Oh, let me clarify, these were NOT the goals presented to the girls’these were the true goals that come out of the heart’ often presented to my buddies but sometimes my secret. The goals were about ‘GETTING’- for ME, a girlfriend so that I might have some kind of status. Sometimes the goal was about ‘GETTING’- for ME, to a certain ‘base’. Still, other times, the goal was about ‘GETTING’- for ME, someone to stroke my ego.

Believe it or not, sometimes my goal seemed a little more proper or even spiritual. I was looking for the woman God had for me ‘ actually was ‘GETTING’- for ME.

Always it seems to come down to goals that are self or ME centered. The girls often were an object for my pleasure, or for my ego, or for my comfort through life.

The title of this article has a very different goal, GOD-HONORING FRIENDSHIPS. God-honoring friendships are probably much closer to what God wishes to see in our modern day relationships.

What would life be like if our goals were really about FRIENDSHIP and NOT ABOUT GETTING FOR ME? For many there would be seen an entirely new way of relating.

Friendships have different levels of intimacy then acquaintances. Within our friendships there might be a wide range of depths of intimacy. But, in friendships there seem to be some basic foundational elements.

In The Pursuit of Intimacy by Dr. David Ferguson and Dr. Chris Thurman some of the necessary ingredients found in intimate relationships are: AFFECTIONATE CAREGIVING, VULNERABLE COMMUNICATION, MUTUAL GIVING, and JOINT ACCOMPLISHMENT. In the book the writers are focused on building deeper intimacy in marriage. The ingredients however, are found also in friendships and they just might be helpful when incorporating them as some of the facets or goals in Cultivating God-honoring Friendships with the Opposite Sex.

Friendships often start in one of these areas. If you have ever worked at a summer camp, been on a missions trip, worked on a school or work project with others of either sex, you may recall that a levels of friendship often develops. This is because you are JOINTLY ACCOMPLISHING something together. This working on the same goal is a friendship builder. If the goal has spiritual elements to it, sometimes the friendships seem to be deeper.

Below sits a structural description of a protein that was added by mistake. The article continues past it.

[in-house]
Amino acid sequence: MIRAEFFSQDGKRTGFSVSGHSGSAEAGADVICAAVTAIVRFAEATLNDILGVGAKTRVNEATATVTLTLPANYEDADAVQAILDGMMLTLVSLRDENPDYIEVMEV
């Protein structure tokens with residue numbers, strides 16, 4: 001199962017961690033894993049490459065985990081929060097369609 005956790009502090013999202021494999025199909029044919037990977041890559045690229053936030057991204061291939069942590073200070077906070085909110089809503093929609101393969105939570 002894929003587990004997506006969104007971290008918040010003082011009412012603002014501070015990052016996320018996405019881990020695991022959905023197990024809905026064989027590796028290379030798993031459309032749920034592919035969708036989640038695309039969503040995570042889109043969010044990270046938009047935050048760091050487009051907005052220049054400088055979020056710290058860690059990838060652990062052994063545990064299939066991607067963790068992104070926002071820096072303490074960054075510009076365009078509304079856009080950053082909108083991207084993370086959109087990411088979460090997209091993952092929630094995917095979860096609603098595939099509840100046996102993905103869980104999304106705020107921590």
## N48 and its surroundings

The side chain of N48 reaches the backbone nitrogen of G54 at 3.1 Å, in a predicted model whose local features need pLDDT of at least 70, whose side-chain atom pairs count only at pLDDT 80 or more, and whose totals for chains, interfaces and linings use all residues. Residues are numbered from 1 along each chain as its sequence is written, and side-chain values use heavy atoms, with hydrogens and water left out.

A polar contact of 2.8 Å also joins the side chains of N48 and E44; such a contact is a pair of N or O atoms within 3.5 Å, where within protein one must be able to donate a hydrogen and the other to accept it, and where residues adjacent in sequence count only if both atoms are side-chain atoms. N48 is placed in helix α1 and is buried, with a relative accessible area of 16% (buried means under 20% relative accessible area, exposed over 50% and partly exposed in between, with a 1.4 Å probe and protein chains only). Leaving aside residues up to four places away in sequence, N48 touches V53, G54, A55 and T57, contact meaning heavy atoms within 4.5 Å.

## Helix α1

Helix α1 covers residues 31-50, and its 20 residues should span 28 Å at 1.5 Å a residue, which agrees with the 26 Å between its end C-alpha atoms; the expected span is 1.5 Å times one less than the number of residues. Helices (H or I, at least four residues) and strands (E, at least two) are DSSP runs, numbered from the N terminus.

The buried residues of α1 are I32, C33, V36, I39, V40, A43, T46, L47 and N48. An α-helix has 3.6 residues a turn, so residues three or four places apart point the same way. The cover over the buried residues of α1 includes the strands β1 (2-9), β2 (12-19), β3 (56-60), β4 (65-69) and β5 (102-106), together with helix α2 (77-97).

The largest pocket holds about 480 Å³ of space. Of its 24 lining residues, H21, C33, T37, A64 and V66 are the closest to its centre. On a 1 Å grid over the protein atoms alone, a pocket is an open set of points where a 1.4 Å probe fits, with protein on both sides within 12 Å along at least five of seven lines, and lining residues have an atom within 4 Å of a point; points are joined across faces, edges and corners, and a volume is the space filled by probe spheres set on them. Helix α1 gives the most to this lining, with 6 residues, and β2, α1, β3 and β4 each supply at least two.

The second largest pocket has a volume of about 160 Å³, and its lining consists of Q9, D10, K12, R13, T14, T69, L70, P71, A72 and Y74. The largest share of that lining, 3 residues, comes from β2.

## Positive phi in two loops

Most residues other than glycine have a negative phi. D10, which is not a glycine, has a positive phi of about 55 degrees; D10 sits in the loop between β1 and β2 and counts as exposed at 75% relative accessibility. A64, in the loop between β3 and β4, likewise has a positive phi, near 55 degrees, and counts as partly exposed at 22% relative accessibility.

Friendships sometimes start when one person is hurting and another comes alongside to give care and comfort. If this is from the opposite sex, this care by its very nature is affectionate, even if it does not involve touch. Ferguson and Thurman call this AFFECTIONATE CAREGIVING and it seems to forge and cultivate friendships.

Friendships sometimes develop when there is a pattern of MUTUAL GIVING. One person gives and the response is to give back. The giving can start as external such as material gifts, but in friendships it usually ends up more internal, as in giving of oneself in actions and deeds.

Friendships sometimes start and or deepen when we listen to a friend’s heart and give to a friend the story of our own heart. This might be called VULNERABLE COMMUNICATION. To share our hearts: our beliefs and values, our pains and fears, our wounds and scars, makes us quite vulnerable. When we share and someone listens and accepts us a deep friendship can be built. Likewise when we listen to someone else and accept them, they will be drawn to us as a friend.

Back to our goal. What if our goal was to actually cultivate friendships’ with both sexes. If some goals in our life were to care about others so that we give to them affectionately, friendships would be cultivated. If among our life goals was the goal to give to others, not just when they are in need but just to say I am thinking of you, or I care about you, friendships would be cultivated. If our life goals included communicating on the heart level with people in our lives, friendships would be cultivated. If we worked, served, accomplished side-by-side with others, friendships would be cultivated.

If we keep it about me and what I get, people will be pushed away and/or unhealthy relationships will likely be established. If we focus on others, building up others, encouraging others, serving others, seeking the hearts of others then God-honoring friendships will likely be cultivated with both sexes.

God's Sense of Humor

G. Mike Clark

Have you ever thought that God has a sense of humor, and this concept correlates in how we relate to our spouse, and He revealed it through His creation of us? When He designed us, God gave us a built-in design in how to relate to our wife. After we recognize the design of the architect, applied as the designer created it, it will work. If damaged over time, because of a sin in our life, it may take time for it to begin to work again, but for us men it will test our patience. We men expect instant acceptance after we ‘fall’, especially in our closest relationships, i.e. our wife, children, to accept our apologies saying, ‘we have changed’ and go on from there.